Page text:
• Will the Minimum Level Service Agreement (MLSA) be reviewed in order to protect patients’ healthcare during times of industrial action? We further reiterate the recommendation by the Rural Health Advocacy Project (2) to have civil society representatives on the task team and for the process to be transparent. While health allocations will rightfully be under scrutiny, we draw attention to the loss of 1299 health posts between 2015 and 2017 due to ‘austerity measures’ and call upon a process that prioritises critical health posts to ensure access to healthcare for all. Critical health posts are not limited to doctors posts and referral centres in densely populated regions. Special attention should be given to most vulnerable groups such as rural communities in the deprived parts of the province.
Marije Versteeg-Mojanaga director: Rural Health Advocacy Project and Advocate Bongani Majola chair: South African Human Rights Commission, in a discussion document, request an urgent investigation into the health impact of protests in the North West Province.
“1. You will be aware of the ongoing disruptions in health care services in North West Province due to the protests by health unions in the Province.
2. The protests have had a detrimental impact on the access to health care services of people in the province. We have received reports of protestors invading theatres, threats to the lives of doctors, doctors being forcefully removed from hospital wards and entrances to hospitals being blocked off, meaning no supplies or drugs can be delivered.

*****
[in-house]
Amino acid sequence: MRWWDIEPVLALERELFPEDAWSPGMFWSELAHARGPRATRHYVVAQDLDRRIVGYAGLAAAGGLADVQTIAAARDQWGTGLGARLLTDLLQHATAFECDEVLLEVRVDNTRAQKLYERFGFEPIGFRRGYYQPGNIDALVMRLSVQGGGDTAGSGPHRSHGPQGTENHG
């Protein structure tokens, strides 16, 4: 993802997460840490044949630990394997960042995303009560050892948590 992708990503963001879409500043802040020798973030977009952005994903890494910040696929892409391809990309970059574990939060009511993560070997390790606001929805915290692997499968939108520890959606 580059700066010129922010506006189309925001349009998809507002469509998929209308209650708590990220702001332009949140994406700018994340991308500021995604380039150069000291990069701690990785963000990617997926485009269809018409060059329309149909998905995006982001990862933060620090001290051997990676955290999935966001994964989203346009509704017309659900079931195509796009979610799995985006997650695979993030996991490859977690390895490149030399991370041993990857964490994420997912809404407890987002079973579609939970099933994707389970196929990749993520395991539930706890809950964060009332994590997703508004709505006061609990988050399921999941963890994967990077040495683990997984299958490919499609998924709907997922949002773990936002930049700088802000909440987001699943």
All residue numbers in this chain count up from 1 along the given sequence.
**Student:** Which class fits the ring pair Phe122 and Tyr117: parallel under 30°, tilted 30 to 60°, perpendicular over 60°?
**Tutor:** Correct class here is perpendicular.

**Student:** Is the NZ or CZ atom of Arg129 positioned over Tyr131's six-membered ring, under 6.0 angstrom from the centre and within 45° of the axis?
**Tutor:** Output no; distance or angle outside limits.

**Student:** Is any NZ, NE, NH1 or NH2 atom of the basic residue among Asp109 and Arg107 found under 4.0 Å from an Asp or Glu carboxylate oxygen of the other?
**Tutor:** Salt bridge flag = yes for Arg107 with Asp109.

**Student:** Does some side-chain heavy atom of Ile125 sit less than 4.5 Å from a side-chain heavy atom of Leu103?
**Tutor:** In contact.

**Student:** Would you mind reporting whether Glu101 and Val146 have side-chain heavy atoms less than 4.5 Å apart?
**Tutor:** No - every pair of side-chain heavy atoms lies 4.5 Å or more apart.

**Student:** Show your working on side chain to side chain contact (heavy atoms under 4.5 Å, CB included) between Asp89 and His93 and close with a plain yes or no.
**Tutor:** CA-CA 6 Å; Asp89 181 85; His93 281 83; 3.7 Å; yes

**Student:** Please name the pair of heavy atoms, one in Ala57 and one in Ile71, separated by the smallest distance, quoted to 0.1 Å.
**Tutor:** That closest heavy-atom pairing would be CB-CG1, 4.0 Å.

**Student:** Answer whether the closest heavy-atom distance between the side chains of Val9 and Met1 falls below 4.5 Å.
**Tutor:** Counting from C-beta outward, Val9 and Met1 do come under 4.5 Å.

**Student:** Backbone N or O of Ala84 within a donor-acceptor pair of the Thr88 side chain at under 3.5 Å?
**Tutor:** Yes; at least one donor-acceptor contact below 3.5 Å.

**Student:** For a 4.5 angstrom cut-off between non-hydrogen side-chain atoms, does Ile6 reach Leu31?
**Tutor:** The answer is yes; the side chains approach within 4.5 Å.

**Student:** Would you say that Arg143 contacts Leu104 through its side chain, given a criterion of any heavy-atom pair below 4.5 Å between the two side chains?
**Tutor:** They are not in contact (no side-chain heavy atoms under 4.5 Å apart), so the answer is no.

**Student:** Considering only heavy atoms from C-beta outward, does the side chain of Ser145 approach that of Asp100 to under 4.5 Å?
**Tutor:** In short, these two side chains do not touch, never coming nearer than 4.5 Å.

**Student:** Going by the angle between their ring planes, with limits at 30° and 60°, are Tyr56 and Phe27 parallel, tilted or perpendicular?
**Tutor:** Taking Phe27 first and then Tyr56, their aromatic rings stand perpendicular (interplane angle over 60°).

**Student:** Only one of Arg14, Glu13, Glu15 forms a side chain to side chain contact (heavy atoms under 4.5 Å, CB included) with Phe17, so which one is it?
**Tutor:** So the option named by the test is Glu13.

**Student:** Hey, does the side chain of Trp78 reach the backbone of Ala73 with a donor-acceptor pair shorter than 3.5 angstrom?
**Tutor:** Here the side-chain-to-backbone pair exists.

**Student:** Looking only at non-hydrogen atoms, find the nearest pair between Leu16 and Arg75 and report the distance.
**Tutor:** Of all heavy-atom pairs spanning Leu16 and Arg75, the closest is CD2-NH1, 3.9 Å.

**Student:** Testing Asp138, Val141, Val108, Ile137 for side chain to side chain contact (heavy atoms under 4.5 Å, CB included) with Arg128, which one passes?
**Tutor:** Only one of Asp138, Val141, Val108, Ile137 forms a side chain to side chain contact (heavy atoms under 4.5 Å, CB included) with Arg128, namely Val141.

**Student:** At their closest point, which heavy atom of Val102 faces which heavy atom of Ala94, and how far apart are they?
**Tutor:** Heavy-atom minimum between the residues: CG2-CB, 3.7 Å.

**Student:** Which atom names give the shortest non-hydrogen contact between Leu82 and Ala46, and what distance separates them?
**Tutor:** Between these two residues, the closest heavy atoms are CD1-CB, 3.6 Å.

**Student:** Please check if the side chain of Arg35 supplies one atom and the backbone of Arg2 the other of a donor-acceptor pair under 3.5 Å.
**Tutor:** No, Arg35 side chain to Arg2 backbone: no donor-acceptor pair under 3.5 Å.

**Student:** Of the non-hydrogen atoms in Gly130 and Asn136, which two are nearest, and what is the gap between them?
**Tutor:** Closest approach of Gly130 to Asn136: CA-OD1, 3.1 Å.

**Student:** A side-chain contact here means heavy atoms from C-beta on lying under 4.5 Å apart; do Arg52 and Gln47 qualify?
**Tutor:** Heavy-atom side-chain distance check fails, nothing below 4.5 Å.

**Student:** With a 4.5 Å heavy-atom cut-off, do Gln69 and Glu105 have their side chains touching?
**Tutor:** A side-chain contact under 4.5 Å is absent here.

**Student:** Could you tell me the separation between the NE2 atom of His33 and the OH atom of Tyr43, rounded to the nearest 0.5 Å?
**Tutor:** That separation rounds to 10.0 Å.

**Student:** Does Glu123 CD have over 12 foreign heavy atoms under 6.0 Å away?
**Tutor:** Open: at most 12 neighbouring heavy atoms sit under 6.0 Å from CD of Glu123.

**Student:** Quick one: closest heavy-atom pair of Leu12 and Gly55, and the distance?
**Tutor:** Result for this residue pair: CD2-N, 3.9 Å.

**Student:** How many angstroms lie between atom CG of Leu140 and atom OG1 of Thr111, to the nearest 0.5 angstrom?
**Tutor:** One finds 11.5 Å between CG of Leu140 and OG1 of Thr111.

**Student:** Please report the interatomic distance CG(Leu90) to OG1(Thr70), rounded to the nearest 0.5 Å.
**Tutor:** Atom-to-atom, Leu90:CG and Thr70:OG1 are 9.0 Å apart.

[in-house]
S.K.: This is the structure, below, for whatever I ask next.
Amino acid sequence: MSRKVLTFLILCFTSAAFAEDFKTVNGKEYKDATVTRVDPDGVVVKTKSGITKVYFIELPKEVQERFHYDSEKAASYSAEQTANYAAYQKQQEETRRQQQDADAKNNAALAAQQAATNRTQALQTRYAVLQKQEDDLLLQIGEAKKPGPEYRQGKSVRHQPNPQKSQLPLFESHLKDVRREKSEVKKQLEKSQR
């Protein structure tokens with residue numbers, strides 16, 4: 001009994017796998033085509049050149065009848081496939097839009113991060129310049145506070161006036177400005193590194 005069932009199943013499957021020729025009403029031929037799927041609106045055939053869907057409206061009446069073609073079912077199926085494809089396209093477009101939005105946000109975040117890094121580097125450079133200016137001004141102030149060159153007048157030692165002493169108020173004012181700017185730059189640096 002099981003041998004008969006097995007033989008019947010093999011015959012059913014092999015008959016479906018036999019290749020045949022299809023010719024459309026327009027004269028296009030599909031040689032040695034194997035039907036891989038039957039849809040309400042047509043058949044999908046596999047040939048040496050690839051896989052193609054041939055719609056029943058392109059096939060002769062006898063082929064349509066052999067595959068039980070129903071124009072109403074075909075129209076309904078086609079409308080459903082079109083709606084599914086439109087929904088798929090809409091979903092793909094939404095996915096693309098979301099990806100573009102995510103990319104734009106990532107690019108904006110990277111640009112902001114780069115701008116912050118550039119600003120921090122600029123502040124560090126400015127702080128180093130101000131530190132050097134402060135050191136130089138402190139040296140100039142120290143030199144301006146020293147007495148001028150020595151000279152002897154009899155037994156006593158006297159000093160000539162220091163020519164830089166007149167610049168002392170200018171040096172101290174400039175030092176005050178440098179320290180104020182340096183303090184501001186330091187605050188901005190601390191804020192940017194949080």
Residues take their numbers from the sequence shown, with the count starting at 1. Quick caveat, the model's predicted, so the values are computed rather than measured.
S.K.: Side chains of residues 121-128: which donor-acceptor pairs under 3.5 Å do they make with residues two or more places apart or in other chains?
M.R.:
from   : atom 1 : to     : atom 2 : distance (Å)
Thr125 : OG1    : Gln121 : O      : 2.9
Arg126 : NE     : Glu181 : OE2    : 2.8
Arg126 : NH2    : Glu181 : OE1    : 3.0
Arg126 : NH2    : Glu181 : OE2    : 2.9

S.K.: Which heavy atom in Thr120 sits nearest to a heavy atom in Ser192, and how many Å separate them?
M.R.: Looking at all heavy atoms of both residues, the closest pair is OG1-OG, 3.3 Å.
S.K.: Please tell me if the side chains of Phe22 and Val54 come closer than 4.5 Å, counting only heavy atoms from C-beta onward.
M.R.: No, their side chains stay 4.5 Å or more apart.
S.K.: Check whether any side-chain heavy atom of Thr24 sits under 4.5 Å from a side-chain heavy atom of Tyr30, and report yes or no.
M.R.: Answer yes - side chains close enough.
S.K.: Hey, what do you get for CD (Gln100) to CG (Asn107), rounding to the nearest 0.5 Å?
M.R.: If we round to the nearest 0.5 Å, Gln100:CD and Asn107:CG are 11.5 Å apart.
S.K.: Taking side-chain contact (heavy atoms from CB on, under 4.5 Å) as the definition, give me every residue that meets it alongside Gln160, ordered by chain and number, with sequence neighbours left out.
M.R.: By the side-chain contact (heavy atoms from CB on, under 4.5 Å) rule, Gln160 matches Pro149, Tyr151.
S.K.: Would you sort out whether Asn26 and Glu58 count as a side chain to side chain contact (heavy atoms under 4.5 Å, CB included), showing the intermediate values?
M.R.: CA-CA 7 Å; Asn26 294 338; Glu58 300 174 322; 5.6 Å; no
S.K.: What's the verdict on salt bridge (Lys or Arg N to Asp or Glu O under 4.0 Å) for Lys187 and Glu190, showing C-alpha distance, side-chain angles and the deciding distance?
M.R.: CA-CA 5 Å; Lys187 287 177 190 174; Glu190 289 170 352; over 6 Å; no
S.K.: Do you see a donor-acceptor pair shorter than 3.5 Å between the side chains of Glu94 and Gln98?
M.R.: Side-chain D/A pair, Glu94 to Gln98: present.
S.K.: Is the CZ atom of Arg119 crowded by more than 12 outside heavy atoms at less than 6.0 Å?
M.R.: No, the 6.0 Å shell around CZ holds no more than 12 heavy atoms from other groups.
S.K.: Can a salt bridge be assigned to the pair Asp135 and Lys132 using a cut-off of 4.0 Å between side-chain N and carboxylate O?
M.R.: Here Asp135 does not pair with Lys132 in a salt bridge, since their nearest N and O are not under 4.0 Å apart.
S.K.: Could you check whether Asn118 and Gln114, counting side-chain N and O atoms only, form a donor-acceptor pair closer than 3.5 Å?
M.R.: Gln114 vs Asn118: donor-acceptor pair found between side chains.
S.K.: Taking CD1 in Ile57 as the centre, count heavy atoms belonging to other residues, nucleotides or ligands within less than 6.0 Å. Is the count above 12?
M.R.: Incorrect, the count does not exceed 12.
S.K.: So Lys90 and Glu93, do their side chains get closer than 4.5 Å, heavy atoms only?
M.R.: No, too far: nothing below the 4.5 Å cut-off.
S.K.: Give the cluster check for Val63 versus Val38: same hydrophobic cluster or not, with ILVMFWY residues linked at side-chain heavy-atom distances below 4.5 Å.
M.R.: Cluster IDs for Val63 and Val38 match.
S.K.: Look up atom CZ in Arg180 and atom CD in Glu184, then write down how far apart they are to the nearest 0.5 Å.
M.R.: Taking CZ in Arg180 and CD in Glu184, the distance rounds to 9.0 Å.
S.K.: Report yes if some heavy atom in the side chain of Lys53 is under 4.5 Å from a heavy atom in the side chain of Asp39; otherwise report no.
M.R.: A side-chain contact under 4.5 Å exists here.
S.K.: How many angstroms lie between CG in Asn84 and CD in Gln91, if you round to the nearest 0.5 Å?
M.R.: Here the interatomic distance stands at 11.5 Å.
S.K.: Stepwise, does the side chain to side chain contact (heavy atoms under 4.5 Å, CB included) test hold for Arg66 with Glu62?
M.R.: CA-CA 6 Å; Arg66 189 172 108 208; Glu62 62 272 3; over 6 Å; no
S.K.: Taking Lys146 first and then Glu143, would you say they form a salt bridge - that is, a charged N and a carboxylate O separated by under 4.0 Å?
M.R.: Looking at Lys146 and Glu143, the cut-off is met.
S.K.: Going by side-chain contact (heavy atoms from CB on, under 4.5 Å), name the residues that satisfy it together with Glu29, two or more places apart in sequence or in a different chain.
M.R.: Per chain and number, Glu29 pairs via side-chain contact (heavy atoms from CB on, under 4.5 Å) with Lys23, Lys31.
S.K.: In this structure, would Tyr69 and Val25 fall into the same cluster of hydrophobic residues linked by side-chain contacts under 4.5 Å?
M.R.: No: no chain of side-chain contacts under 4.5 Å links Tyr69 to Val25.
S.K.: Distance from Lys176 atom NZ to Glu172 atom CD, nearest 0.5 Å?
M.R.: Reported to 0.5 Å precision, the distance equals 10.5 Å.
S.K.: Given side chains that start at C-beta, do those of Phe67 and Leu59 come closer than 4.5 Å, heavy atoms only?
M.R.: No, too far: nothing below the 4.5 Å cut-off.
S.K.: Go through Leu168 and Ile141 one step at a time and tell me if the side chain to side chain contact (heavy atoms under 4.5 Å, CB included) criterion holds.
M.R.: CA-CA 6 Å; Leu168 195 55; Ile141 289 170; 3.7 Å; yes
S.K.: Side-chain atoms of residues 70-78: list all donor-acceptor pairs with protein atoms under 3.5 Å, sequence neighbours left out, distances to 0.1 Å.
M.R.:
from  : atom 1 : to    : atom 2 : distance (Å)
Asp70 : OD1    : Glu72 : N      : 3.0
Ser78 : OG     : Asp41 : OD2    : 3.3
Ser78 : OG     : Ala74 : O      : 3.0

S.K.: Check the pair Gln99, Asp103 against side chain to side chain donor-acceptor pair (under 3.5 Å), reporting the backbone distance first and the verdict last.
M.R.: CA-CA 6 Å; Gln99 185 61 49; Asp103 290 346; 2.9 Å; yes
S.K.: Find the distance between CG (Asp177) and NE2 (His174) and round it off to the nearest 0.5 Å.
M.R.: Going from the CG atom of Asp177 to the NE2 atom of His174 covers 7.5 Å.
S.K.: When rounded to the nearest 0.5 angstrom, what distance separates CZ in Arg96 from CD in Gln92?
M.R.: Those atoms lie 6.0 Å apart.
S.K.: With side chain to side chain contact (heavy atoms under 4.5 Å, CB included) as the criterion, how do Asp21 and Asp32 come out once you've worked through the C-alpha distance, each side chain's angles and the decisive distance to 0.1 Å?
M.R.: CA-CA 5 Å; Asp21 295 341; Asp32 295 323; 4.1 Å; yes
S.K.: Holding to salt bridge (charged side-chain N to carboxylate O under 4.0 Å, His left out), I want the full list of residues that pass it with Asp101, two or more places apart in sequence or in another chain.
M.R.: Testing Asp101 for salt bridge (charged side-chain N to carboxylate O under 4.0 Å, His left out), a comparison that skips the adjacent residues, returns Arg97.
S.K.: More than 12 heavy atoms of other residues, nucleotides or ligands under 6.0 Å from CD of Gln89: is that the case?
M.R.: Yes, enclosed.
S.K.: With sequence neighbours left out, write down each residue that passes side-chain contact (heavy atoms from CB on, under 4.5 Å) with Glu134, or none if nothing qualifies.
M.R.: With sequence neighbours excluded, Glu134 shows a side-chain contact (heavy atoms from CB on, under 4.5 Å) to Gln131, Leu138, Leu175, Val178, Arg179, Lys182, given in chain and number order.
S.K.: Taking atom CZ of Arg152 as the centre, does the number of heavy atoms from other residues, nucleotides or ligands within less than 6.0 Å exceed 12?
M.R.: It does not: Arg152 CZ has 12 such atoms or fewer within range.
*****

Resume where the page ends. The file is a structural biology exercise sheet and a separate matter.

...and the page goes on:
3. The disruption will also have long-term consequences as patients with HIV, TB and other chronic diseases are unable to collect their chronic medication. Many patients will simply be lost to the system forever because record-keeping systems in the province are severely dysfunctional. This too will eventually cause loss of life.
4. We stand in solidarity with many of the demands of striking health care workers for decent and safe working conditions and living wages. In particular, the practice of paying what amounts to slave wages to community health workers and lay counsellors is abusive and undermines the workers themselves and the value that they add to the health system. However, the protests have denied vulnerable and poor people access to healthcare and life-saving services. This causes great pain, suffering and loss of life for the most vulnerable.
5. While the North West Department of Health and the provincial Treasury have been placed under administration, the protests have continued and the negative impact on patients remains.